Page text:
Though Cruciani jokes that she has little time for hobbies, she and her husband are longtime Penn State football season ticket holders. Meanwhile, she’s currently pursuing her doctorate in human development at Marywood University.

'A great place to work'

Nielsen grew up in Portland, Oregon, and northern Idaho, where a love of reading and libraries was instilled in him from a young age.

“My mom was a big reader and would take us to the library a lot,” he said. “I didn’t watch a lot of TV, and we didn’t have cable because we lived out in the middle of nowhere, so I really got into reading. As a result, the local library became a big part of my life. And it was an interesting place — they still used the old fashioned card catalog there.”

Nielsen’s reading interests ranged from sci-fi and fantasy to history, which he majored in as an undergraduate at Brigham Young University in Provo, Utah. The coursework proved helpful for his future career, given “historians live and die by the library,” he said.

Interested in becoming a college professor, he then enrolled in the University of Illinois' master’s program in religion. There, his role as a graduate assistant allowed him to gain valuable teaching experience.

Eventually, however, Nielsen decided against the idea of pursuing a career as a professor. Looking for an alternative, he realized library science would be a great way to marry his passions for instruction and research.

With that, he spent an additional two years at the University of Illinois obtaining a second master’s degree in library and information science, this time working as a graduate assistant in the library’s digital preservation department.

“It was a great experience, considering the graduate assistants run a lot of the library there because it’s so huge. There, the student worker is often the first point of contact,” he said. “It was a learning curve, but a lot of fun to learn.”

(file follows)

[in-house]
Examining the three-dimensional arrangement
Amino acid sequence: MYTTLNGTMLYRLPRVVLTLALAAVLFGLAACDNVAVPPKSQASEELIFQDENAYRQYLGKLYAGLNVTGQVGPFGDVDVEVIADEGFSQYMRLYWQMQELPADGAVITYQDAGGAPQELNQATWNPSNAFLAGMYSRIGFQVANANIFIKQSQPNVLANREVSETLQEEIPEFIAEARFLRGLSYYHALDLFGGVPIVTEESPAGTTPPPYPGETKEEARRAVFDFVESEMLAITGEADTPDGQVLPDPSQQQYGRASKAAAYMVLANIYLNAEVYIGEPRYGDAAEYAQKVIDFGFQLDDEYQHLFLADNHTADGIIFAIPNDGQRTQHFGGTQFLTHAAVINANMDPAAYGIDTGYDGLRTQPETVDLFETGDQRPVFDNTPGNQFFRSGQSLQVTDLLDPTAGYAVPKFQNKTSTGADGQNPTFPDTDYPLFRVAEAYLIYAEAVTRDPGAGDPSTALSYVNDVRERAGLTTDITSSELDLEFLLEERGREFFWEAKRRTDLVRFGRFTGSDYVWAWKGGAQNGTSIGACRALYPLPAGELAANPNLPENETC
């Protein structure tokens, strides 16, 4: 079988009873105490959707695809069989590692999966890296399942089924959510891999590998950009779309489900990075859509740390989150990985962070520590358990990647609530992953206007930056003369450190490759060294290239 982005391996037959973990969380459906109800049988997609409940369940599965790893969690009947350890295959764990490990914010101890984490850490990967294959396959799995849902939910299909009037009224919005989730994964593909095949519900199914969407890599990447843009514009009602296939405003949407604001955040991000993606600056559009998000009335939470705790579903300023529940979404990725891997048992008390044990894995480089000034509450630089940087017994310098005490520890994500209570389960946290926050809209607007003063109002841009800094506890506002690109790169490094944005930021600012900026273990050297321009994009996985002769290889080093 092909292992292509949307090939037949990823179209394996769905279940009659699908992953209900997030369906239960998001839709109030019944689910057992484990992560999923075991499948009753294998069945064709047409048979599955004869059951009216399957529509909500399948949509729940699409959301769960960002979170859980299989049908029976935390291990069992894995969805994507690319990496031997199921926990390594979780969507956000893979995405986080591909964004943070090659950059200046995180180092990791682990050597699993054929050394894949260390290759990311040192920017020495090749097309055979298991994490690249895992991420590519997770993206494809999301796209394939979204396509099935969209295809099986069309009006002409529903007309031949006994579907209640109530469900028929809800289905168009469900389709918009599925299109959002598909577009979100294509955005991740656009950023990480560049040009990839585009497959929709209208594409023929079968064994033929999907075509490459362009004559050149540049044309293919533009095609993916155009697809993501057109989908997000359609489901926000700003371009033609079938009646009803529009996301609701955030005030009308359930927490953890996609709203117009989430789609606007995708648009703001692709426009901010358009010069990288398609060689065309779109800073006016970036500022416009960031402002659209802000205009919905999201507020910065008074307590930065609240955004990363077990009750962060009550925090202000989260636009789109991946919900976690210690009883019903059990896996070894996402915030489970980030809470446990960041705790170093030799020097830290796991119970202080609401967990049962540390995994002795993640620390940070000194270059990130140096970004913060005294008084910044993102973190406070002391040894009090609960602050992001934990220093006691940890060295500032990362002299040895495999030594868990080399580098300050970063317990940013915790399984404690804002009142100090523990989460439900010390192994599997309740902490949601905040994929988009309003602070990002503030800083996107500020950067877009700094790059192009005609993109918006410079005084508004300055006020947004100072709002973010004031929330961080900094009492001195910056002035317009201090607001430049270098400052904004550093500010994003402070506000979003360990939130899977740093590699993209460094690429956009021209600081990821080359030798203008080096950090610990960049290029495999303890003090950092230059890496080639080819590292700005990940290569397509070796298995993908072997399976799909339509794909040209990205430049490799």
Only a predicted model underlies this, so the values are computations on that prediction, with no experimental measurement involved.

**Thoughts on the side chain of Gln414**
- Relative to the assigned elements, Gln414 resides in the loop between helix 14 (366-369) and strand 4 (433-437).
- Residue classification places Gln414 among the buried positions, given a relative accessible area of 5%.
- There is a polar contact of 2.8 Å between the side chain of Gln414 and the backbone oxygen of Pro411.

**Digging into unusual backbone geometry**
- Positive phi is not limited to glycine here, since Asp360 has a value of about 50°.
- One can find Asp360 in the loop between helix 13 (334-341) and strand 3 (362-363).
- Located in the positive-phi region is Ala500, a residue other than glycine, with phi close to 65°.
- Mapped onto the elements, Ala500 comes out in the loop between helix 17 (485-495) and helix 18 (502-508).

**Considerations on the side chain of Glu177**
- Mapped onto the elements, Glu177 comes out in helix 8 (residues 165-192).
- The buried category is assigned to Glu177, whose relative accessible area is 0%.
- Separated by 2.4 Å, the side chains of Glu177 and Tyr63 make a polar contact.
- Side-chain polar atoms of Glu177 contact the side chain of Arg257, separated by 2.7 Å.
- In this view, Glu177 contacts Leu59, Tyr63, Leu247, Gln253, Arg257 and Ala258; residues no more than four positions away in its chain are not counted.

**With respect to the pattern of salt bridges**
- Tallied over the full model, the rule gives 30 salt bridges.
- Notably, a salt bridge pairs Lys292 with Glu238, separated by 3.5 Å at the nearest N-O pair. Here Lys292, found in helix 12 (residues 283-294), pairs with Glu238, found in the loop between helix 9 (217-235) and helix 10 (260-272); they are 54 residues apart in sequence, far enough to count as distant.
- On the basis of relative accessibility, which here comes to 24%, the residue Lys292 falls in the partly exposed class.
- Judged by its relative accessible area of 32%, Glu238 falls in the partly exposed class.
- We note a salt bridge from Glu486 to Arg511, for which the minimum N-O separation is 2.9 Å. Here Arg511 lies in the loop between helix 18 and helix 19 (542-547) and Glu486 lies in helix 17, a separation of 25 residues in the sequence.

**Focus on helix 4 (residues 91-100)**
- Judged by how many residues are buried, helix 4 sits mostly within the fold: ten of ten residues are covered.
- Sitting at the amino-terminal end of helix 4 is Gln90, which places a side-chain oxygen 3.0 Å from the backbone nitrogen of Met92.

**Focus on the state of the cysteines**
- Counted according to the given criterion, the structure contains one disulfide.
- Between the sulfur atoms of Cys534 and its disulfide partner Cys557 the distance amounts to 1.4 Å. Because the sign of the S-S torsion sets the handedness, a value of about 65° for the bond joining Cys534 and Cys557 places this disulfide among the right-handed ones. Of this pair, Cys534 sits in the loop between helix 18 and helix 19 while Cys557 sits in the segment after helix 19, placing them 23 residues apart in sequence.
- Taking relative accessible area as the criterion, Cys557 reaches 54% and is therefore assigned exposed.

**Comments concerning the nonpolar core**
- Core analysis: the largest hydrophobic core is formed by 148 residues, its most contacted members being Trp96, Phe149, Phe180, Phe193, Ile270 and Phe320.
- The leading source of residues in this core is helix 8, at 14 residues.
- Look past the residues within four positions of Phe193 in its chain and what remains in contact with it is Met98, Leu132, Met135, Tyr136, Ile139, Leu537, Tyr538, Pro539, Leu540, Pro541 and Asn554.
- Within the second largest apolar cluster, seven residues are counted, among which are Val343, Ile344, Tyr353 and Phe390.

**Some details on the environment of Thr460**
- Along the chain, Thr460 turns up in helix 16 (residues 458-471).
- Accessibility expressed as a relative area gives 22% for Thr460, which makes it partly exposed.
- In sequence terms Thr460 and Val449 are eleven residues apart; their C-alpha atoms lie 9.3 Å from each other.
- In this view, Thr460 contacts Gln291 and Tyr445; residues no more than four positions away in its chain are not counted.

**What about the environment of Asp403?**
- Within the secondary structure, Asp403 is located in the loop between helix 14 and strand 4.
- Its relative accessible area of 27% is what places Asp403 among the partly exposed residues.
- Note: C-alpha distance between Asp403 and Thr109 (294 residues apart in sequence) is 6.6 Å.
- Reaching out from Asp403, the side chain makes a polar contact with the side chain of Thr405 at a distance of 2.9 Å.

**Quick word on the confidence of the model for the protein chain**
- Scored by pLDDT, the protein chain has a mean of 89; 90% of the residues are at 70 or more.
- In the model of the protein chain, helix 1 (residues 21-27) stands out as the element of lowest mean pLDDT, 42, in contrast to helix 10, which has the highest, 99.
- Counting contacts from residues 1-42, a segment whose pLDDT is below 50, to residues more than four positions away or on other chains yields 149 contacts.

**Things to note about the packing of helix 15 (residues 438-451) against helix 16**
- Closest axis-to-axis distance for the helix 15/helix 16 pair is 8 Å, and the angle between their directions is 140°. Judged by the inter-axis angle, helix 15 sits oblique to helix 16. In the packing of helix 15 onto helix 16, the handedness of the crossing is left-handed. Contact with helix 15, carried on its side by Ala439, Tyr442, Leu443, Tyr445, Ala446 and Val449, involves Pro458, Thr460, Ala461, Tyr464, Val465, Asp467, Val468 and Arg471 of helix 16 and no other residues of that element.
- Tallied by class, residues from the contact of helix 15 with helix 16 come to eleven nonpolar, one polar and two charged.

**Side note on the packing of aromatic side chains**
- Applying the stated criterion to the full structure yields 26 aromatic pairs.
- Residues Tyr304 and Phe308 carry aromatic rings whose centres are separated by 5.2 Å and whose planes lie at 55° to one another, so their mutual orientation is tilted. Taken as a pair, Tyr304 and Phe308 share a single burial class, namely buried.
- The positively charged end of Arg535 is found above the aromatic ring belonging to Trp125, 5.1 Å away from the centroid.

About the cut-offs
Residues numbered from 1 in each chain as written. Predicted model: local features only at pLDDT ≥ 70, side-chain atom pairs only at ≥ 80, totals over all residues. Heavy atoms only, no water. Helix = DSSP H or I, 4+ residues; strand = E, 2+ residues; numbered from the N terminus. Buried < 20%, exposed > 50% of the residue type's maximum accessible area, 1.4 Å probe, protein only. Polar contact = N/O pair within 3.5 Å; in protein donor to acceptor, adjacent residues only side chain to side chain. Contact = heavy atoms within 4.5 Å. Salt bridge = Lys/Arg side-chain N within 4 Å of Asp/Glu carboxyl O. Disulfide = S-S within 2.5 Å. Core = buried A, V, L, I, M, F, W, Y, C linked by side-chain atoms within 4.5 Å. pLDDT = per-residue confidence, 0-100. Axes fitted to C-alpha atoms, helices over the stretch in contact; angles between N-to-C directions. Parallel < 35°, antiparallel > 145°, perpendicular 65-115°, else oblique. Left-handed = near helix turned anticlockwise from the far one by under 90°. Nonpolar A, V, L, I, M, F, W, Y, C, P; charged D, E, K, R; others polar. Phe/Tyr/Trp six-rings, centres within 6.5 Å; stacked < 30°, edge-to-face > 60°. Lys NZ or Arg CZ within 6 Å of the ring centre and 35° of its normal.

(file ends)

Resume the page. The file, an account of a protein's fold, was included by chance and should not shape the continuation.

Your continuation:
Nielsen received his degree this past spring. Walking down the aisle at commencement that day, he “felt very unemployed,” he said with a laugh.

The very next day, however, he received a call from Penn State Scranton Head Librarian Jennie Knies.

Without question, he’s thrilled with the opportunity.

“Penn State has a reputation as being a great place to work. So, there was no question in my mind whether to accept,” Nielsen said. “I love the small campus feeling. It feels like a small college, but it has the connections to Big Ten resources. It’s a great situation for me because I get to benefit the campus community and build my resume.”

Already, his calendar is filling up for the fall, with faculty members scheduling library classroom sessions for their students. He’ll be offering presentations on research methods and navigating Penn State’s library databases. Essentially, he said, he’ll be showing students how to find and “intelligently assess” information.

“And as the reference librarian, my door is always open for students who need help with their research projects. And I know it can be hard to ask for help sometimes, because I’ve been there,” he said. “I’m passionate about research, and I want to help people with their research projects. Think of me as a sort of consultant on research — that would be my goal as a librarian.”

Meanwhile, Nielsen also will be working on expanding the library’s collection of books — both reference and recreational. For instance, he said, the library is currently in the process of beefing up its comics section.

“We want to hear the students’ thoughts on what they want to read. We’re open to suggestions,” he said.

Nielsen resides in Dickson City with his girlfriend, Jazmin Butzin, a fellow Illinois alum who is now applying to medical schools. Outside of work, his hobbies include biking, art, cooking and trying new restaurants.

Last Updated August 21, 2019